Image copyright Science Photo Library
A new body, called “Office for Talent”, will be set up in No 10 to encourage scientists, researchers and innovators to come to the country, the government has said.
It will be tasked with making immigration “simple, easy and quick” for those wanting to move to the UK.
The initiative comes as the UK seeks to recover economically from coronavirus.
Some scientists have warned that uncertainty over Brexit could lead to researchers leaving the UK.
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In addition, the government says its new Research and Development Roadmap will cut “unnecessary red tape” in a bid to encourage scientists, researchers and entrepreneurs to work and study in the UK.
The roadmap includes a £300m investment for upgrading scientific infrastructure and a promise to support “innovators and risk-takers”.
The plan also includes extending the time foreign graduates can stay after their PhDs are completed.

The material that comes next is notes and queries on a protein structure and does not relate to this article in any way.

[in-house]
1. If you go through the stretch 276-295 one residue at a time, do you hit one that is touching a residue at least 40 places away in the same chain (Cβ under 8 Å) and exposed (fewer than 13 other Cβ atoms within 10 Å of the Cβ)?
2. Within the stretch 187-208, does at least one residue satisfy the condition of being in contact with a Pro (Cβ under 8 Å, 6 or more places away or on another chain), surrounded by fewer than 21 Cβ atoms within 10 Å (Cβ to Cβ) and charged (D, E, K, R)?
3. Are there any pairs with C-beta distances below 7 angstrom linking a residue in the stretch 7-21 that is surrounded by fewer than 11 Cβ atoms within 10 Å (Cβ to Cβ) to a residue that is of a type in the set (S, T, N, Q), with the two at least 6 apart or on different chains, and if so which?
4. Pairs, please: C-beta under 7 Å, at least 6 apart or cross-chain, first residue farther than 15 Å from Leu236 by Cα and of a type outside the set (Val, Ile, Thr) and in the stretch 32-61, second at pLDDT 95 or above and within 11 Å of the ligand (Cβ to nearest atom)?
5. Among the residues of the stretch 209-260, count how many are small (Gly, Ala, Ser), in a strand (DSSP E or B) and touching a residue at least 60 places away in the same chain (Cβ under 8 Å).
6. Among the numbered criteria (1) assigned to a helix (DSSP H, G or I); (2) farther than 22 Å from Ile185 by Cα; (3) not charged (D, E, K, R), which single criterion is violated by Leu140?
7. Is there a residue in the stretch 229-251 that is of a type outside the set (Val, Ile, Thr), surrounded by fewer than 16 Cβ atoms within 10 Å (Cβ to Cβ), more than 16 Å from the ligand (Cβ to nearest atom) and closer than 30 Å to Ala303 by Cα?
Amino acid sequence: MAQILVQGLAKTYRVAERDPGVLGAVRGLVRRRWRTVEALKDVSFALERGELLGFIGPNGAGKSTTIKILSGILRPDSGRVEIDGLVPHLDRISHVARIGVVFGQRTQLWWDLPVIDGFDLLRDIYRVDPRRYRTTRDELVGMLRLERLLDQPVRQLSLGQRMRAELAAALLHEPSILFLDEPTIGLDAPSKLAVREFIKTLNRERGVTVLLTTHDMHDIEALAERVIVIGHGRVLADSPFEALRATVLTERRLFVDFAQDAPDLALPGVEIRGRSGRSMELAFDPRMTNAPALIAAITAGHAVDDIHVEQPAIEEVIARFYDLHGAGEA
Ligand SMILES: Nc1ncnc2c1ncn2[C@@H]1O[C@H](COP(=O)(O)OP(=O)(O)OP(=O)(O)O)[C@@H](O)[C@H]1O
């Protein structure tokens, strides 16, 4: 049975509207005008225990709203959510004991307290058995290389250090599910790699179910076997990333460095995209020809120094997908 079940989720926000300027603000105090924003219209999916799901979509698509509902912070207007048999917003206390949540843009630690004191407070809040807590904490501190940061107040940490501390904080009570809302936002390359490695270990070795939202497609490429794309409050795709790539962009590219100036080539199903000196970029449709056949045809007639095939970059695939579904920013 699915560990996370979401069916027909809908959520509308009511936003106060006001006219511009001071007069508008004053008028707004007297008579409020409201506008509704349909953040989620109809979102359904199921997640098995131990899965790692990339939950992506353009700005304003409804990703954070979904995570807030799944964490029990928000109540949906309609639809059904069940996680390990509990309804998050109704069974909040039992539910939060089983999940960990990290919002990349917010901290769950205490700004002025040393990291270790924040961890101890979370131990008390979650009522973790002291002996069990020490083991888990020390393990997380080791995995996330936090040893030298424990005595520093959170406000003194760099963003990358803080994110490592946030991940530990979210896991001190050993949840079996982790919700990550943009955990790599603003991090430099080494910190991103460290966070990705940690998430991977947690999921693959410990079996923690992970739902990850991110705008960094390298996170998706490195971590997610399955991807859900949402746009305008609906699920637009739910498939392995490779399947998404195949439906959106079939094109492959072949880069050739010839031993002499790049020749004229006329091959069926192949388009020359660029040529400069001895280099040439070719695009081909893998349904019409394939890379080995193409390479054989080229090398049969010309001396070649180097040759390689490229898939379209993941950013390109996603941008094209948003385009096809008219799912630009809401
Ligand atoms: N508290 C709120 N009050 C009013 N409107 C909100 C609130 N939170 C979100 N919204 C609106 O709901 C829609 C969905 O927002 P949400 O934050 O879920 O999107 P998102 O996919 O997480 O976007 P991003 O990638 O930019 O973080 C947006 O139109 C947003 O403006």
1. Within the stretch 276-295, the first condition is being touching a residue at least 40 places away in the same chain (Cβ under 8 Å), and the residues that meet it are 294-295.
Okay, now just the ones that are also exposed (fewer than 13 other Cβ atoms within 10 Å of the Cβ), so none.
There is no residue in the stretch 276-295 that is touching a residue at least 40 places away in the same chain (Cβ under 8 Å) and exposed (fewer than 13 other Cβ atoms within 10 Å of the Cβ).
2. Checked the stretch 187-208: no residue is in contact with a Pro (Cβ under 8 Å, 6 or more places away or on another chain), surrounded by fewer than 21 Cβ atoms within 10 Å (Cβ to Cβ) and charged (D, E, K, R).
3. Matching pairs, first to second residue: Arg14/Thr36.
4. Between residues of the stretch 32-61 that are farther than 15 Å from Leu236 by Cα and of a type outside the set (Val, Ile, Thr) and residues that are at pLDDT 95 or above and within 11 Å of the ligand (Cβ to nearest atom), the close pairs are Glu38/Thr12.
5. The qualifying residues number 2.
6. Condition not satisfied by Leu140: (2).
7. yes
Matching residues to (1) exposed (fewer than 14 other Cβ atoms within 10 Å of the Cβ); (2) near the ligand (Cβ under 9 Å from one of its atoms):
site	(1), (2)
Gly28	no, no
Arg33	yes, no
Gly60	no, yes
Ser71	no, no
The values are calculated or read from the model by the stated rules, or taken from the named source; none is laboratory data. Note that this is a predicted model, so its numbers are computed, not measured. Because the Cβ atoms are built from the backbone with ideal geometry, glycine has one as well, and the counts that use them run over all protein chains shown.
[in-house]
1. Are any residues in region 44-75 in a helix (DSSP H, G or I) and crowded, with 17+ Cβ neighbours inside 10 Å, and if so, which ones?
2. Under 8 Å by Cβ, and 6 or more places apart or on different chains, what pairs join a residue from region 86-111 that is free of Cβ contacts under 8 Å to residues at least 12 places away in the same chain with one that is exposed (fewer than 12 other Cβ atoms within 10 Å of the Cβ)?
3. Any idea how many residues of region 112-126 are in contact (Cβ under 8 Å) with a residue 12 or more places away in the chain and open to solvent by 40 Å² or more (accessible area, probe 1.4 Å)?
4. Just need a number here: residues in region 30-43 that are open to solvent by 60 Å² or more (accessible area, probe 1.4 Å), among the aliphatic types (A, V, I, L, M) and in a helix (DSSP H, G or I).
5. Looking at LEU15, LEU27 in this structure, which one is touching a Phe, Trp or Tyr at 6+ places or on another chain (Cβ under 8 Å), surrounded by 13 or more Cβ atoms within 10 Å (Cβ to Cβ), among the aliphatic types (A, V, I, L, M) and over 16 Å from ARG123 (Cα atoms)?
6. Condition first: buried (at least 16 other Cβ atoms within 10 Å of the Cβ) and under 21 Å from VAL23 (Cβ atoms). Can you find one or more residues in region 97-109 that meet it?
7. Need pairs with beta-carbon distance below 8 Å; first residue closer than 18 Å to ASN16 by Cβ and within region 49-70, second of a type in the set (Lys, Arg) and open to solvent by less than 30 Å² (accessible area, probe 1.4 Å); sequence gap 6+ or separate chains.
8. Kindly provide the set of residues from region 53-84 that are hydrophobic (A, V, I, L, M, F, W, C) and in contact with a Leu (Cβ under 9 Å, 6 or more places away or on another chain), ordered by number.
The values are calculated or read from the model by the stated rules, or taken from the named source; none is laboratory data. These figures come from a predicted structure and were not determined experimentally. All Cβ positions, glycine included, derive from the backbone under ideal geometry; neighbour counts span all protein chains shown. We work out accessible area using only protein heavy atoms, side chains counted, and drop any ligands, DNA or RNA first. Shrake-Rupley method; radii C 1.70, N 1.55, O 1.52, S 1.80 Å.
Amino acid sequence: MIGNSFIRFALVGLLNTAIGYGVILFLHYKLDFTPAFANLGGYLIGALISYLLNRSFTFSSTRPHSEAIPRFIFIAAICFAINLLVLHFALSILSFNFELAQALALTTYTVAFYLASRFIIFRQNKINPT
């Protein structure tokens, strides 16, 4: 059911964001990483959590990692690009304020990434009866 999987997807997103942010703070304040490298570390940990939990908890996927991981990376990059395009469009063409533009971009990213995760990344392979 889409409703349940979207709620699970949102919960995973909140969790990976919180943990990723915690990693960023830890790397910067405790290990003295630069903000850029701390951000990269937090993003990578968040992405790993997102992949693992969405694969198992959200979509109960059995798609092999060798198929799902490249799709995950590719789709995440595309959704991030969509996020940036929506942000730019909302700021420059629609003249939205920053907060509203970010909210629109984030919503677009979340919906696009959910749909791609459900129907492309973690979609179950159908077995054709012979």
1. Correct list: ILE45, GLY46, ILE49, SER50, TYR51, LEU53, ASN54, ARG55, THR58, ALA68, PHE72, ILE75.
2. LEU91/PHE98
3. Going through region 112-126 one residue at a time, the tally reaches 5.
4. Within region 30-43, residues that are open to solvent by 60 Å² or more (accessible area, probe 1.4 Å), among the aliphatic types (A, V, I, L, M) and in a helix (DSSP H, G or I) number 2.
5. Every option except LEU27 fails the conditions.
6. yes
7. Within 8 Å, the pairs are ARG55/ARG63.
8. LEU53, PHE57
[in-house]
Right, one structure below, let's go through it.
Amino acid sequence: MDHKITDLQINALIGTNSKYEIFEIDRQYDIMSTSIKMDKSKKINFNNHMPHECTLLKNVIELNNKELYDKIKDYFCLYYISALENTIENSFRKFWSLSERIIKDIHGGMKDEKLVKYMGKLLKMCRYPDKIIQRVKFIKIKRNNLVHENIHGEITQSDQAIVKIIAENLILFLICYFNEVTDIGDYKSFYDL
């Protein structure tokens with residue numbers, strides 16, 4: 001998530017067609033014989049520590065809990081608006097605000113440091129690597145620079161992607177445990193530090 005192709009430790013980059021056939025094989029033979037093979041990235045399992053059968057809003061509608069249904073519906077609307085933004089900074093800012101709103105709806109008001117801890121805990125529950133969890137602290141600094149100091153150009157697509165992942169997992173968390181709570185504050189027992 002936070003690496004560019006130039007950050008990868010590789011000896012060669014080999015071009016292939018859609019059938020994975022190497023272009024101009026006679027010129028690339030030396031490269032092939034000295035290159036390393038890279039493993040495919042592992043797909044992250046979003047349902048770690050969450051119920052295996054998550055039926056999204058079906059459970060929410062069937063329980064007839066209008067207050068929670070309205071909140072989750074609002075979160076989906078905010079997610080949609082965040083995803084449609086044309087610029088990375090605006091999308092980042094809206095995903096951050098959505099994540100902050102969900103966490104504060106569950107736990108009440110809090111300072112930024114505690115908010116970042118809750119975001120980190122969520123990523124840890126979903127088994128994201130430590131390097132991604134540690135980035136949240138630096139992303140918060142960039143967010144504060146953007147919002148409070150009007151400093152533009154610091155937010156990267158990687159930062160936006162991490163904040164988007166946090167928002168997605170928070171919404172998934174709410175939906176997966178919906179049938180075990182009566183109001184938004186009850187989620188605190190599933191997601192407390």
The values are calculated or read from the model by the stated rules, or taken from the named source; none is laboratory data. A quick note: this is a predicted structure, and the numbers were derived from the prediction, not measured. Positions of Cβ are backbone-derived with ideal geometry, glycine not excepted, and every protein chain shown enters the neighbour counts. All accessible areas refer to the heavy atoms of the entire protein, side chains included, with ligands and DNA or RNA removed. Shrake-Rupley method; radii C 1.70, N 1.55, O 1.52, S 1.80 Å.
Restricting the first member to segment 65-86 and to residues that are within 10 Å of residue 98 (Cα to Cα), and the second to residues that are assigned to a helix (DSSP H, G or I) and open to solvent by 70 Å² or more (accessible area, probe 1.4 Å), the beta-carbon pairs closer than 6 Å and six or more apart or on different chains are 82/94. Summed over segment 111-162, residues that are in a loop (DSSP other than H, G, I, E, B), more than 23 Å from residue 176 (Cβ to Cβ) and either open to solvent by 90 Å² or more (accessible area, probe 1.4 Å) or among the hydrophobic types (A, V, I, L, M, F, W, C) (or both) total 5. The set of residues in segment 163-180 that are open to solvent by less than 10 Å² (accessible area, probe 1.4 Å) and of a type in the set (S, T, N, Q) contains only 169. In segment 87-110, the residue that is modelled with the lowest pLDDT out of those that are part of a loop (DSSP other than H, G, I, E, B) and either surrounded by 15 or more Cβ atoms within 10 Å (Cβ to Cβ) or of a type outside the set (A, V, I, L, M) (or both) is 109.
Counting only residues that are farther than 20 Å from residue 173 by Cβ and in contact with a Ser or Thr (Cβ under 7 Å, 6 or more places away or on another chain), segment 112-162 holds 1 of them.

And, the government says, the roadmap will support efforts to tackle climate change, develop new medicines, strengthen national security and improve public services.
An Innovation Expert Group will also be set up to review how the government supports research “from idea stage right through to product development”.
Under a new graduate route, international students who complete a PhD from summer 2021 will be able to live and work for three years.
The government also says it wants to change the immigration system to extend visa application windows for prospective students and remove study time limits for those at postgraduate level.
No 10 also plans to launch an innovation fellowship programme open to international and national digital and tech talent to help deliver public services
Image caption Scientists working in the Graphene laboratory at the University of Manchester
Business Secretary Alok Sharma said: “The UK has a strong history of turning new ideas into revolutionary technologies – from penicillin to graphene and the world wide web.
“Our vision builds on these incredible successes to cement Britain’s reputation as a global science superpowe